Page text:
If you have nursery or school-aged children and you’re in a meeting or at your desk at 3pm, chances are your children are being cared for by a woman earning less than you are or nothing at all.
97% of childcare workers are women and it’s one of the lowest paid sectors in the economy. Women are much more likely than men to work part-time in order to care for children (41% compared with 13%), and women do 60% of the unpaid care work which sustains us all but isn’t included in GDP (the ONS has valued it at £1.24 trillion).
‘Work’ depends on many women not working, or rather, not getting paid to work.
Once parents, women and men experience the labour market very differently. Only one percent of men take up their right to three months shared parental leave (one of this year’s RSA Student Design Award challenges). Paternity pay is much lower than maternity pay, and men earn more on average so families take more of a financial hit if fathers take time out. The ‘motherhood penalty’ is profound and long-lasting: the value of part-time work in terms of future earning potential is almost equivalent to not working at all. It’s no surprise that the gender pay gap widens considerably for women over 30 and on current projections it will take until the 2220s to reach gender parity on pay.
We can’t wait that long. Women are not, as Caroline Criado-Perez puts it in her new book, Invisible Women, “the unencumbered workers the traditional workplace has been designed to suit”. This is especially true for single mothers: 90 per cent of single parents are women. According to a Unicef assessment of policies on child care and parental leave, the UK is among the least family-friendly of the world’s richest countries. Our lawmakers - like Stella Creasy MP - don’t even have a right to maternity leave or extra support for constituency work. Women have borne the brunt of austerity measures in the public sector and are significantly under-represented in many fast-growing, hi-tech occupations. But the RSA’s Future Work Centre YouGov survey found MPs "clueless also about the effect of radical technologies on women. They disagree that women will feel the most impact, despite emerging evidence to the contrary”.
The norms and policies that drive these gender inequalities need an urgent and radical overhaul. We need to recalibrate what work means - shape a new culture of work which recognises how our economic system relies on hidden work mostly carried out by women (see What’s Wrong with Work? by Lynne Pettinger) and affords that labour equal value.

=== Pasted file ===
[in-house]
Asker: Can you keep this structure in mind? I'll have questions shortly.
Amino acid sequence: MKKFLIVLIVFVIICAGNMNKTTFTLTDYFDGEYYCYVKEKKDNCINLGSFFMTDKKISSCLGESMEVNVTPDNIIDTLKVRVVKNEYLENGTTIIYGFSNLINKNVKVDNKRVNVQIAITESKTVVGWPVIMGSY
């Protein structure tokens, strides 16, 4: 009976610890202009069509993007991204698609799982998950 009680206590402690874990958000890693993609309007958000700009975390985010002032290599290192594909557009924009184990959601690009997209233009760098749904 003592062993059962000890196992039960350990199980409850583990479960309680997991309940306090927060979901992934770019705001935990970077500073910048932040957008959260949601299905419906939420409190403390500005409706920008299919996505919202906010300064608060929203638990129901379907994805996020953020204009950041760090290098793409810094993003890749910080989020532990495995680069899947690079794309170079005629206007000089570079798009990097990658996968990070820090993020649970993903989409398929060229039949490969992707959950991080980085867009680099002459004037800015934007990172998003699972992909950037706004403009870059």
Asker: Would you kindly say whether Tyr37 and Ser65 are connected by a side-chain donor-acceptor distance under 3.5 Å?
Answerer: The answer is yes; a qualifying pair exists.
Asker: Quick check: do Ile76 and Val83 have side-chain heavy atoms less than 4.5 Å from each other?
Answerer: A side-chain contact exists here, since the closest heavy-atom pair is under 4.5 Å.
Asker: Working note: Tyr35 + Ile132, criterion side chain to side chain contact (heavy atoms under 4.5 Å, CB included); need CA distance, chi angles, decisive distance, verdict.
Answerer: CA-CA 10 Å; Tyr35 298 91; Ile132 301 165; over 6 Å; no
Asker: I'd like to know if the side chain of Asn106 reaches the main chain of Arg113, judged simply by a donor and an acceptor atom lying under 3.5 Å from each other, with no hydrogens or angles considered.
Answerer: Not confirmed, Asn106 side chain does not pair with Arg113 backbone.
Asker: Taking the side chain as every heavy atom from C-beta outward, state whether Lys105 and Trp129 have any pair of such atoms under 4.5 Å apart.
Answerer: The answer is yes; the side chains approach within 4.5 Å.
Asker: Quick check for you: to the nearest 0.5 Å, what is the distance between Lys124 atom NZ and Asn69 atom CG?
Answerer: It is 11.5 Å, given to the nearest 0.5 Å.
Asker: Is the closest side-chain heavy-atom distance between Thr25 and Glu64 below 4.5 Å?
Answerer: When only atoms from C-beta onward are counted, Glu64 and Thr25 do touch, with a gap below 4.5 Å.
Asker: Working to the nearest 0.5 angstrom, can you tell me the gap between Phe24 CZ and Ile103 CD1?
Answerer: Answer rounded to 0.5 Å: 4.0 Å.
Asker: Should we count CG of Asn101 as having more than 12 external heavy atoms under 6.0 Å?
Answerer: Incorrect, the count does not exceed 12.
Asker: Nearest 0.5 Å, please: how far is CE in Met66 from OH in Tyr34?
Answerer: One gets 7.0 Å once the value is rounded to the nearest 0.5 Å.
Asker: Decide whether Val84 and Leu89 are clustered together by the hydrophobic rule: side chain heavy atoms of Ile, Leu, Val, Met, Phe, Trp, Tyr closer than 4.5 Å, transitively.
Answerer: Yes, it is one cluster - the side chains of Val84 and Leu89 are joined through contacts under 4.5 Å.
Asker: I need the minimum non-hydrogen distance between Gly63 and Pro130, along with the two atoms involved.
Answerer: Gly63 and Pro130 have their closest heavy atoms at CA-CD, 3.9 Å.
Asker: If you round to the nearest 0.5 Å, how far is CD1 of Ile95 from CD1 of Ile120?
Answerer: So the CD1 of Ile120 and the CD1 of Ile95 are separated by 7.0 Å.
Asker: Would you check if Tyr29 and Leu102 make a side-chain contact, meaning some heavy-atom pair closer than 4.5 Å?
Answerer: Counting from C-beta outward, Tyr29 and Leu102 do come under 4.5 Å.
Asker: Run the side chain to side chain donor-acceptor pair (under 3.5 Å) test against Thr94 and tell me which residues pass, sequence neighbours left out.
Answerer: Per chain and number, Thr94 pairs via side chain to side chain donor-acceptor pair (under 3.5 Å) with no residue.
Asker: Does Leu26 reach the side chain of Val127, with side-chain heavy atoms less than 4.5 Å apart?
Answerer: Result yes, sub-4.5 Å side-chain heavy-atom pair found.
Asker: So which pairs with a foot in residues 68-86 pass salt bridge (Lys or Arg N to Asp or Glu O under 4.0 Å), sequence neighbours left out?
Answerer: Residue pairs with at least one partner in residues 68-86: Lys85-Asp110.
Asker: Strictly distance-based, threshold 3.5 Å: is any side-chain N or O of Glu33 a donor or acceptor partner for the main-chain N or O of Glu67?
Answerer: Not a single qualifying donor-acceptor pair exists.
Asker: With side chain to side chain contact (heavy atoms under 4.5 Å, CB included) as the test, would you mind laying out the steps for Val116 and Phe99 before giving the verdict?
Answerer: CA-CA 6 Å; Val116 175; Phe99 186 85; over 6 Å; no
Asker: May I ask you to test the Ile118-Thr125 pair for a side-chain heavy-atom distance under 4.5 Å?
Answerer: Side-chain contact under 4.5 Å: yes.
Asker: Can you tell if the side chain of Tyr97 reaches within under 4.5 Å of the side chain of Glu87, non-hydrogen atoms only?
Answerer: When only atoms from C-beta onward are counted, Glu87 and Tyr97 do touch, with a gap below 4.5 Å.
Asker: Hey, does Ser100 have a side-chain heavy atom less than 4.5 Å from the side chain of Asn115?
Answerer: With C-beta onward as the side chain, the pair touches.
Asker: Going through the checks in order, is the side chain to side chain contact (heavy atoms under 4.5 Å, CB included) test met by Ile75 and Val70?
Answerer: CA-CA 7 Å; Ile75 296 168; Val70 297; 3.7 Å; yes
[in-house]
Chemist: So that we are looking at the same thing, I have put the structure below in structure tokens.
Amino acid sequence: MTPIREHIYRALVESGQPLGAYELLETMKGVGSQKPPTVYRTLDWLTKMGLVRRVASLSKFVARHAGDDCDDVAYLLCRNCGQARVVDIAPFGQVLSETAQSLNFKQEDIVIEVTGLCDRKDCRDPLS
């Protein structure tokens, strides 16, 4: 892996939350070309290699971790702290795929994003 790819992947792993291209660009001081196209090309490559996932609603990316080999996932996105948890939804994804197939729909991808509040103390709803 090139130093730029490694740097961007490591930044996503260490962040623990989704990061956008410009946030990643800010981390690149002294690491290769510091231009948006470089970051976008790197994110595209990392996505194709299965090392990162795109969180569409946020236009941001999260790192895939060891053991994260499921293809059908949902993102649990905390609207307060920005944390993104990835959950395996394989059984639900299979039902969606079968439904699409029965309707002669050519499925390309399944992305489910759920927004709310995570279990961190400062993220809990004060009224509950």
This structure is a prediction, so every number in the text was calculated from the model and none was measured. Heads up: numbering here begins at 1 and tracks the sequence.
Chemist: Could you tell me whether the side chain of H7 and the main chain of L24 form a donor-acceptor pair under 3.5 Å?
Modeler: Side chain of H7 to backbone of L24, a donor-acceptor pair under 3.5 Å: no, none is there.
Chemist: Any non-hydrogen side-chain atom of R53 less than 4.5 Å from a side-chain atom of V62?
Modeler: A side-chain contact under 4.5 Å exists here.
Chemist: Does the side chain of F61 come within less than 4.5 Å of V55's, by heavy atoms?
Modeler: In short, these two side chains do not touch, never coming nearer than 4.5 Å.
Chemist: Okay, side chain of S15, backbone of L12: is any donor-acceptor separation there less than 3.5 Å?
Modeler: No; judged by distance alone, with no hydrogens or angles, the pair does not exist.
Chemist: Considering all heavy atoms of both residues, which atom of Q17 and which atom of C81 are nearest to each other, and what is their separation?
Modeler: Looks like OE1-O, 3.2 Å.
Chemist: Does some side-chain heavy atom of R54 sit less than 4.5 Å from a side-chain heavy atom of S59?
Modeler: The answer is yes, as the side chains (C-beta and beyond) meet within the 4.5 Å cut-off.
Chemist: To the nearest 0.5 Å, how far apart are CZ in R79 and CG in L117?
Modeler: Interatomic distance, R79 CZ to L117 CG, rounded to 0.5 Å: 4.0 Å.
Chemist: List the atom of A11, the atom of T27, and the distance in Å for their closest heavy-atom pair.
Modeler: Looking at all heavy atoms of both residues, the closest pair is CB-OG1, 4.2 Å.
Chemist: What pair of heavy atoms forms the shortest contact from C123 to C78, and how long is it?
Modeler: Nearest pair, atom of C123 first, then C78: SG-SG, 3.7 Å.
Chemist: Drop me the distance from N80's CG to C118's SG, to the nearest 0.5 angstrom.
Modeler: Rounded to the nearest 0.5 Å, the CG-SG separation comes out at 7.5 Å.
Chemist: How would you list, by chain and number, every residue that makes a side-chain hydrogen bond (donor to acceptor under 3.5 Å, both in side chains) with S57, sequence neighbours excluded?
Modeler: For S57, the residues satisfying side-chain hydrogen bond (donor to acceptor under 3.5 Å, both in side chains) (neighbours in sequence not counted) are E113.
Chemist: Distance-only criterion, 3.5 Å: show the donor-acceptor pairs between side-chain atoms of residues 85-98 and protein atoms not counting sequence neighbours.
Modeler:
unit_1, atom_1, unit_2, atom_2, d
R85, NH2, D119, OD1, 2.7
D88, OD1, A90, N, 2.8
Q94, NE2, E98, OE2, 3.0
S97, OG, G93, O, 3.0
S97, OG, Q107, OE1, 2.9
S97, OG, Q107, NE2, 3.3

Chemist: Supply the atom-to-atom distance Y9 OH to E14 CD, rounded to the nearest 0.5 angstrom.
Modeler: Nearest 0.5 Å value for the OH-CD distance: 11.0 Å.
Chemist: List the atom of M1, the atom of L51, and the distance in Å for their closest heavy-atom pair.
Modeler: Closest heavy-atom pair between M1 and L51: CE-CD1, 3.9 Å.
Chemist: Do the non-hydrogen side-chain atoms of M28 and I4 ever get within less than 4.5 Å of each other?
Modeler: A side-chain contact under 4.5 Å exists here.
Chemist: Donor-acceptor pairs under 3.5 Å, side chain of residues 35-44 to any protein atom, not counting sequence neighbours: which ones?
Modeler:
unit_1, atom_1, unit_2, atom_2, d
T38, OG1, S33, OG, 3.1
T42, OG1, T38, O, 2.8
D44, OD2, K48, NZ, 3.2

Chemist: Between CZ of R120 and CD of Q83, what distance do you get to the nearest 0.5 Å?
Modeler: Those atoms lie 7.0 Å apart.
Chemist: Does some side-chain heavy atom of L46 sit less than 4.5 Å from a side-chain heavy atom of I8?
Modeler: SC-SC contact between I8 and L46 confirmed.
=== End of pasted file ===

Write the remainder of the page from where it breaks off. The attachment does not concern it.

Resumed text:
So, what can be done? A ‘use it or lose it’ approach to parental leave could make a difference. In Iceland, where mothers and fathers get three months of leave each, paid at 80% of average earnings, with a further three months allocated between them, 90 percent of fathers take up their entitlement. So too, surely, could a more affordable and accessible childcare system, not reliant on suppressing pay and conditions of those (mostly women) who deliver early years care. We could learn from RSA-supported Leaders Plus and look at alternative models which challenge the existing system like Radical Childcare pioneered by Amy Martin and colleagues at Impact Hub Birmingham.
Perhaps a four day week or Basic Income would enable men and women to more equally share earning and caring, though we’d like to see more gender analysis to understand how women and men may be affected differentially as these ideas evolve (see Hannah Webster’s RSA blog Why Basic Income is a Women’s Issue). The Deliberative Democracy movement creates new opportunities to properly listen and understand: the Citizen’s Assembly on Gender Equality is an exciting step forward - in Ireland.
But attitudes need to change alongside the legislative and public policy agenda. The competing demands of work and family, meetings and drop-offs, evening events and kids’ bedtimes can take a heavy toll on the health and wellbeing of parents and families. We’re expected to be at our most productive, career-wise, at exactly the time our children need us most. We don’t talk about this enough. It’s exhausting and guilt-inducing. It’s not Good Work, by any measure, for anyone. And without radical change in workplace culture - rethinking what work actually is - the future of work will only entrench the inequalities which hold us all back.
We’ve been sharing these thoughts and having these conversations as working parents for several years. But the challenges feel like they’re getting more acute and the need for action more urgent. We’re aware we’re only scratching the surface with this blog (there’s lots more to be said on intersectionality, and on care for older people, too, for instance) but we hope it aids a bigger conversation.
We’d love to hear what you think - please do get in touch. Abigail Campbell is Area Manager for the RSA in the Midlands and the East of England. Rich Pickford is Knowledge Exchange and Impact Officer for Nottingham Civic Exchange and is currently exploring how a city like Nottingham can champion Good Work for all.
Follow #goodworknotts for details.
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Why We Need a Physical Centre for the Future of Work
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In the UK, we have various centres dedicated to education such as The Eden Project and more recently, The National Centre for Writing. Why don’t we have a similar centre for Careers? Surely, we should prepare our children effectively for the world of work?
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